real estate investment trust

New REIT Rule Adds a Much-Needed Layer of Investor Protection

SEC Approves FINRA-Recommended Rule Change to REIT Reporting

The Securities and Exchange Commission (SEC) finally approved a rule change that would give investors far more clarity on the purchasing price of non-traded real estate investment trusts, or REITs. (If you don’t know what a REITs is, click here). This rule change, recommended by securities industry watchdog, the Financial Industry Regulatory Authority (FINRA), has been a long time coming. But now that it’s here, investors should welcome it with open arms.

The REITs Rule Change Adds a Much-Needed Layer of Investor Protection

Until now, it has been common practice among broker-dealers to list non-traded REITs at a per-share price of $10, regardless of what the actual valuation of the shares may be. The new rule however will force broker-dealers to include a per-share estimated value of the shares of any unlisted direct participation program (DPP) or REIT, along with other relevant disclosures, instead of the generic $10 per-share placeholder.

Digging a little deeper, we find that FINRA has proposed two methodologies by which firms may calculate the new per-share estimates: net investment or appraised value. The way these methodologies work would make the average investor’s headspin. But that’s granular information that shouldn’t really concern retail investors interested in REITs anyway. Rather, the key takeaway here is that the rule change offers greater protection to investors who were not historically receiving accurate representations of the value of their investments in REITs.

Broker-Dealers Now Required to Disclose Nature and Risks of REITs

As previously mentioned, the new rule explicitly requires that more information about DPPs and REITs be disclosed to investors, including a provision for specific disclosures stating that DPPs and non-traded REITs are not listed on national securities exchanges, and are generally illiquid investments whose sale value may be less (often far less) than the value of the shares reported on customer statements.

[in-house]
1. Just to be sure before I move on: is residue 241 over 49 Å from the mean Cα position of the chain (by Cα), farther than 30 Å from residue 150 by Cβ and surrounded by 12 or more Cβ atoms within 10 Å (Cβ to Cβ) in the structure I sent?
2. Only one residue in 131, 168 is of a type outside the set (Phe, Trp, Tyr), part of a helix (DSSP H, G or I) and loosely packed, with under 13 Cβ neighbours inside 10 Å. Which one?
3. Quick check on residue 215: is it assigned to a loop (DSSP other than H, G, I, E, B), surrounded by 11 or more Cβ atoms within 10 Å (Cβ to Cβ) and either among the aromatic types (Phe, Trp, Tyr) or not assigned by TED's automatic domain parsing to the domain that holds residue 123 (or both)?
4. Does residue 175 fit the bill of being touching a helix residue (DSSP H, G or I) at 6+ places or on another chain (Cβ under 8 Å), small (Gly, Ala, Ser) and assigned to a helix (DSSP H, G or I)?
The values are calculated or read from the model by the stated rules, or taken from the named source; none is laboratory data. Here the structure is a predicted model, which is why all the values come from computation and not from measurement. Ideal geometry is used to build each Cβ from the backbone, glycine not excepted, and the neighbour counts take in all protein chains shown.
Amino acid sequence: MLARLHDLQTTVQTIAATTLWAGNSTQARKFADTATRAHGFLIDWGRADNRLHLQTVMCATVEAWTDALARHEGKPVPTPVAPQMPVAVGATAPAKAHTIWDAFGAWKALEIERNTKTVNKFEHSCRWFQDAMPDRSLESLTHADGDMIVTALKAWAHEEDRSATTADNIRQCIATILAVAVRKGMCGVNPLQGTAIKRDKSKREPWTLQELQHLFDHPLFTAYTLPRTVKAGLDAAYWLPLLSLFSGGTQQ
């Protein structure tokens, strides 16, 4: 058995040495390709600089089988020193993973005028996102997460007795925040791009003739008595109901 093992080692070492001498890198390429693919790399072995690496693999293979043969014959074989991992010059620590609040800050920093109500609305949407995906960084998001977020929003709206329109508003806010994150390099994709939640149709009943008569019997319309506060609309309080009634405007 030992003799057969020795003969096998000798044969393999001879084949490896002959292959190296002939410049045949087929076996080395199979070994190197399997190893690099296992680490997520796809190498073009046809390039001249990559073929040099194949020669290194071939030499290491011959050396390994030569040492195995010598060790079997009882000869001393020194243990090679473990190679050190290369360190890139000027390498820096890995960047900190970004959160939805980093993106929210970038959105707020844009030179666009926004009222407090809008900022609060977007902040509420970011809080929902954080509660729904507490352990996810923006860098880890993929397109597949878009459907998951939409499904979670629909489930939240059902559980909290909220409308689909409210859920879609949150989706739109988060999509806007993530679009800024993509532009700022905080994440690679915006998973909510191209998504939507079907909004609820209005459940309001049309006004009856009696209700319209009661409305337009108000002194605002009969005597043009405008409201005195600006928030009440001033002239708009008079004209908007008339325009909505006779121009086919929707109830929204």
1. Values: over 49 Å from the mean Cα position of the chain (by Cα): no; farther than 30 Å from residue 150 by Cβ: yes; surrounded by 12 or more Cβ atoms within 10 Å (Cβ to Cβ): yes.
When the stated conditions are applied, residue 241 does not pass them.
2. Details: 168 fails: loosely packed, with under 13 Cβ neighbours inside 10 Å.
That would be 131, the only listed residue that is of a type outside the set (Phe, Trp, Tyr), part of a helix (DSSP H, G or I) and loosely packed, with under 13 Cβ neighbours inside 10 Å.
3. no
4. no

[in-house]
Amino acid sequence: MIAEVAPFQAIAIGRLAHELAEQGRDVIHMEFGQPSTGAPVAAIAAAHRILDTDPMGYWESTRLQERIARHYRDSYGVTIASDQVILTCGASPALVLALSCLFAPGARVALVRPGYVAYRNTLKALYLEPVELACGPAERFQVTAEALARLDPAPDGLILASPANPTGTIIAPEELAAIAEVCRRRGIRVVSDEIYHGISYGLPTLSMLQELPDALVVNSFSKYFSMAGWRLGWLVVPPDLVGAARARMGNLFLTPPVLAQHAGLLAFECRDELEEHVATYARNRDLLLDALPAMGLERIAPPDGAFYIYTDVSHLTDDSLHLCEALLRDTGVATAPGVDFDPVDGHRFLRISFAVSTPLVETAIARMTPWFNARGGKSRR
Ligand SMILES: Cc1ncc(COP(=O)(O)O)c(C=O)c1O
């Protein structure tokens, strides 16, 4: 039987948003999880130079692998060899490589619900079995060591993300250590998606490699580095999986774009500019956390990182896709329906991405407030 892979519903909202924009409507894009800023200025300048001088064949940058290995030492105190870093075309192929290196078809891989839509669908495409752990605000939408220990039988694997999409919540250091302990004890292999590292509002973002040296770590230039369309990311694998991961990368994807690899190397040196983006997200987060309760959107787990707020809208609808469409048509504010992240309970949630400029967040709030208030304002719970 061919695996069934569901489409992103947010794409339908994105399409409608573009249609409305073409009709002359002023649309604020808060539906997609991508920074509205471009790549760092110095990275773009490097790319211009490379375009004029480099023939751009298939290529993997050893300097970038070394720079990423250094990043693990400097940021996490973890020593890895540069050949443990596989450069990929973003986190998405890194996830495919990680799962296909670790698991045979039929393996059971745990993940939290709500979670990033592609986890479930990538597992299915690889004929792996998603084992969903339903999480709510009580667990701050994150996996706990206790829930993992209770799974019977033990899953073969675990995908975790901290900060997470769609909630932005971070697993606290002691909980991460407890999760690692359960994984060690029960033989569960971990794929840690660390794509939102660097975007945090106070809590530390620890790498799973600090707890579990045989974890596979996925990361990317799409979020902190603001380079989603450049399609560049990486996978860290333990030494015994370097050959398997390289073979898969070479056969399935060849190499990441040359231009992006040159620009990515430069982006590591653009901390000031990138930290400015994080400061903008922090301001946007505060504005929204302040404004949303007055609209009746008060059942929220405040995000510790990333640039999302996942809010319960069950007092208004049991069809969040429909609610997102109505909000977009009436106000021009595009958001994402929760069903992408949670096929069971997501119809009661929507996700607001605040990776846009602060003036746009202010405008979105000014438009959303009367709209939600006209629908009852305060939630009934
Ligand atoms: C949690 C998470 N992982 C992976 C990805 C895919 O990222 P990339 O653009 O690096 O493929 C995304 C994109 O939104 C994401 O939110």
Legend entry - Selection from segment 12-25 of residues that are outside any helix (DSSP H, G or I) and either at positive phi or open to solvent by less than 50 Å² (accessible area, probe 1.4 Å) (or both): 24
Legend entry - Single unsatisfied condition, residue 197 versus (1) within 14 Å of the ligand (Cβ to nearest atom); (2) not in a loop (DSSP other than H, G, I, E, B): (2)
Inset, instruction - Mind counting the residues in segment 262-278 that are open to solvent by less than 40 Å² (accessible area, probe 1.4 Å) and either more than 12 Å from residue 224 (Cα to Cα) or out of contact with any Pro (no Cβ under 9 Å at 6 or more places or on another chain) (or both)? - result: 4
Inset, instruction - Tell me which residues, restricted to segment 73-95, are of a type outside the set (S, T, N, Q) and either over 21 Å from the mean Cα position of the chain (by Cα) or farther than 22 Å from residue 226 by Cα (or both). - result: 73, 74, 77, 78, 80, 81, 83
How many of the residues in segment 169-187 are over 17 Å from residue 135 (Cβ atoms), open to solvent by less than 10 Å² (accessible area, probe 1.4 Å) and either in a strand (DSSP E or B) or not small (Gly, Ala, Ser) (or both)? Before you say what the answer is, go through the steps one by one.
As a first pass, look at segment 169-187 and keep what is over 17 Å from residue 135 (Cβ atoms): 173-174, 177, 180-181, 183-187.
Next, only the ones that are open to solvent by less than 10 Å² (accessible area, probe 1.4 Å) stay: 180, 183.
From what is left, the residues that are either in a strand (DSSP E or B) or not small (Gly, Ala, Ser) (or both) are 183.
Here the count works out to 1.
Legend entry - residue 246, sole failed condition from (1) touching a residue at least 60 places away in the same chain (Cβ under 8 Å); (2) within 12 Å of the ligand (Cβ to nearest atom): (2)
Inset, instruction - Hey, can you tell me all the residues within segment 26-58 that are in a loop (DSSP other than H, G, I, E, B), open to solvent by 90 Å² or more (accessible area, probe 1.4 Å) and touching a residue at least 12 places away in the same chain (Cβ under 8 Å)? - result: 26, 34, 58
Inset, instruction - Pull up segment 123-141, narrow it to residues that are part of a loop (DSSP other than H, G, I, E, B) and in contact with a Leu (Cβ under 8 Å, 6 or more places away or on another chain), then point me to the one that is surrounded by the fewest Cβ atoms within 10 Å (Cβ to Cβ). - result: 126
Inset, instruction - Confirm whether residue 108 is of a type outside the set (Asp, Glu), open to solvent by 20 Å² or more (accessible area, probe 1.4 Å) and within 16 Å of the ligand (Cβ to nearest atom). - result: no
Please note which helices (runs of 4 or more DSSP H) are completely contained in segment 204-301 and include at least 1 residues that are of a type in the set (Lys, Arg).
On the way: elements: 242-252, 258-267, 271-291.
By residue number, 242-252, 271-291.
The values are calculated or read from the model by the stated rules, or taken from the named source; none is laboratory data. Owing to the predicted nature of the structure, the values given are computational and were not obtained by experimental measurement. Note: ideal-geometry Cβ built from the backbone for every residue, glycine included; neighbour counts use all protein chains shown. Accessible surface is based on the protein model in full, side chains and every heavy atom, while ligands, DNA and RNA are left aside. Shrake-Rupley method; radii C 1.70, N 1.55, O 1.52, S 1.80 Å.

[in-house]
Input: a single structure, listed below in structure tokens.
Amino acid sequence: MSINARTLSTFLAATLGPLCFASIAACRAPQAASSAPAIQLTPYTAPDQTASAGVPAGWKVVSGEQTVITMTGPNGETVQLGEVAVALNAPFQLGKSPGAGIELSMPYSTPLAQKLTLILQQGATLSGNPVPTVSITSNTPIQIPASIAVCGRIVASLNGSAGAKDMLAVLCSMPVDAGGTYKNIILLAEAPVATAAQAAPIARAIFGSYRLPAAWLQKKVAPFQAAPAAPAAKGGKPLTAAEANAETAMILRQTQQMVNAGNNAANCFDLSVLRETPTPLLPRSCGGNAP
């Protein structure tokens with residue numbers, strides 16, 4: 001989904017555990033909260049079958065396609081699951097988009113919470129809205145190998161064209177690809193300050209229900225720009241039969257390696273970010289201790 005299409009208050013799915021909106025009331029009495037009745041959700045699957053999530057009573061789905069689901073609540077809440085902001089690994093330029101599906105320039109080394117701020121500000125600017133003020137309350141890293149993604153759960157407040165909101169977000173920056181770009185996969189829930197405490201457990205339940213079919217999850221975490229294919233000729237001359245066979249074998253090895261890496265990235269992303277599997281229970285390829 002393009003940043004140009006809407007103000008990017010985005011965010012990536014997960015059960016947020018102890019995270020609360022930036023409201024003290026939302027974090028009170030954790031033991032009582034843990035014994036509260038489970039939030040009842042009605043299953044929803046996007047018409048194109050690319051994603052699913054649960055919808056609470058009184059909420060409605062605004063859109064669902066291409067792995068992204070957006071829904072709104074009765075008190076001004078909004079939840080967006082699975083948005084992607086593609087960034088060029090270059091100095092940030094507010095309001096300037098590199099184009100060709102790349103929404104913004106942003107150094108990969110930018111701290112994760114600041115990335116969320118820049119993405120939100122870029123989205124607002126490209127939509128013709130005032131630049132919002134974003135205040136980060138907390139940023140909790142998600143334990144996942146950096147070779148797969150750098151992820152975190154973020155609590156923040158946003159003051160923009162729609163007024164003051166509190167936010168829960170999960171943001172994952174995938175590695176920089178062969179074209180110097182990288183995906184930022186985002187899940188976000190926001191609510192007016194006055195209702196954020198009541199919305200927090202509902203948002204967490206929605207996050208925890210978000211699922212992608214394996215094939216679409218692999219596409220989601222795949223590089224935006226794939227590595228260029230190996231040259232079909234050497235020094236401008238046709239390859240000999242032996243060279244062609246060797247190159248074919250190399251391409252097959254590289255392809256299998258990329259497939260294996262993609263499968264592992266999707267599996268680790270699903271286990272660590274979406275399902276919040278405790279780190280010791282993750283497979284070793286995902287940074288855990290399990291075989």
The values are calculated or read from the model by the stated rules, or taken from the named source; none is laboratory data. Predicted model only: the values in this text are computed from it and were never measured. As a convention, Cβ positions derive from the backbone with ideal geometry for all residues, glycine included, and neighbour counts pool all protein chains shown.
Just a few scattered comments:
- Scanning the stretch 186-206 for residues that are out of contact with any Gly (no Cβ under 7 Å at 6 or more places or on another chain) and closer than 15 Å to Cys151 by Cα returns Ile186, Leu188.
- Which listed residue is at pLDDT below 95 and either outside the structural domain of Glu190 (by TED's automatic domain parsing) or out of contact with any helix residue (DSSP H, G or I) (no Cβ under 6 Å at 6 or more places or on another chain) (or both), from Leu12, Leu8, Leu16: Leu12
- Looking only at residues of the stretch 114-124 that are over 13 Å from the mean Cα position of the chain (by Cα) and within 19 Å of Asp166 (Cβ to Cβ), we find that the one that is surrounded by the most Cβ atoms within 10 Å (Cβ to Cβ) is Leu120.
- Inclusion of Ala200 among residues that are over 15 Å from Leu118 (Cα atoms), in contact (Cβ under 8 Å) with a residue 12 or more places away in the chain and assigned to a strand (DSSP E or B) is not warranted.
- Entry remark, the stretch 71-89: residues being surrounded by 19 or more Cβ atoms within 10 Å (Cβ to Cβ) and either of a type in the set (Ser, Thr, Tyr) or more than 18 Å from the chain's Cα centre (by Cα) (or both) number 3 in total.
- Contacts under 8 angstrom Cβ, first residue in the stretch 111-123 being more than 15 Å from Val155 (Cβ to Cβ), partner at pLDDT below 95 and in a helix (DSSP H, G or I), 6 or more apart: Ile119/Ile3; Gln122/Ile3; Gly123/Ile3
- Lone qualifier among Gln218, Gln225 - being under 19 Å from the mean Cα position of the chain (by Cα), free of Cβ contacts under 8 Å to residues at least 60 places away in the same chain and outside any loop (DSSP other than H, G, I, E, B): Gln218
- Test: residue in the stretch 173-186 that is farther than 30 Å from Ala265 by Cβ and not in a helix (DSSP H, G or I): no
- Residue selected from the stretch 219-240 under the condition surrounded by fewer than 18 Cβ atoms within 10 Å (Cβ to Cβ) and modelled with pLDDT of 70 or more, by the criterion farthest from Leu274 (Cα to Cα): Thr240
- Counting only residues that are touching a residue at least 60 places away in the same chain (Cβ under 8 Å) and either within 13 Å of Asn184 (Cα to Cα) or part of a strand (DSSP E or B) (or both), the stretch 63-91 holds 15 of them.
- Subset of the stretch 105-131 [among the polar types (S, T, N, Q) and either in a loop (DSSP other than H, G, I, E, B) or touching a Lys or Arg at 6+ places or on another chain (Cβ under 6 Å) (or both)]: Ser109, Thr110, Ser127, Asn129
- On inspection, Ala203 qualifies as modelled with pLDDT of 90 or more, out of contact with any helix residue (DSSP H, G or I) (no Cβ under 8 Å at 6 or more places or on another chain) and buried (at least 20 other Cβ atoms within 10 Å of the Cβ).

It is worth remarking here that our firm has represented numerous clients whose financial advisors have irresponsibly steered them into REITs without adequately disclosing the nature, risks, and valuation problems associated with these somewhat notorious investments.

If you or anyone you know has been the victim of broker misconduct or investment fraud, or has been unsuitably recommended DPPs or REITs by your financial advisor, please contact our securities attorneys for a free consultation by calling us toll-free at 1-855-462-3330 or via email by clicking here.

LPL Gets Stung by FINRA for $950K over Alternative Investments

News arrived recently that LPL Financial has once again run afoul of the agency that regulates the US securities industry, FINRA (Financial Industry Regulatory Authority). This time, LPL was slapped with a whopping $950,000 fine for allegedly failing adequately to supervise sales of alternative investment products like non-traded REITs (Real Estate Investment Trusts), oil and gas partnerships, business development companies (BDCs), hedge funds, and managed futures. 

Alternative Investments Have Concentration Limits

FINRA found that from January 1, 2008 to July 1, 2012, LPL Financial was deficient in its supervision and review of especially the concentration limits for investors set forth by the alternative investments themselves, as well as limits that LPL internally set for itself. In their offering documents, many alt investments like REITs will describe concentration and suitability recommendations/requirements for investors. Unfortunately, according to FINRA, LPL’s manual process, its automated system, and its supervisory staff all failed to properly take into consideration suitability standards when evaluating alternative investments.

In addition to the $950,000 penalty, FINRA has directed LPL to conduct a complete review of its policies and procedures, oversight, supervision, and training related to alt investments.

As FINRA pointed out it in its press release about the disciplinary action against LPL Financial, broker-dealers who sell alt investments to customers must evolve a supervisory system to ensure that these customers are not exposed to undue risk in their accounts. They must also meet the suitability requirements obtaining in each state, for each product, and for their own company.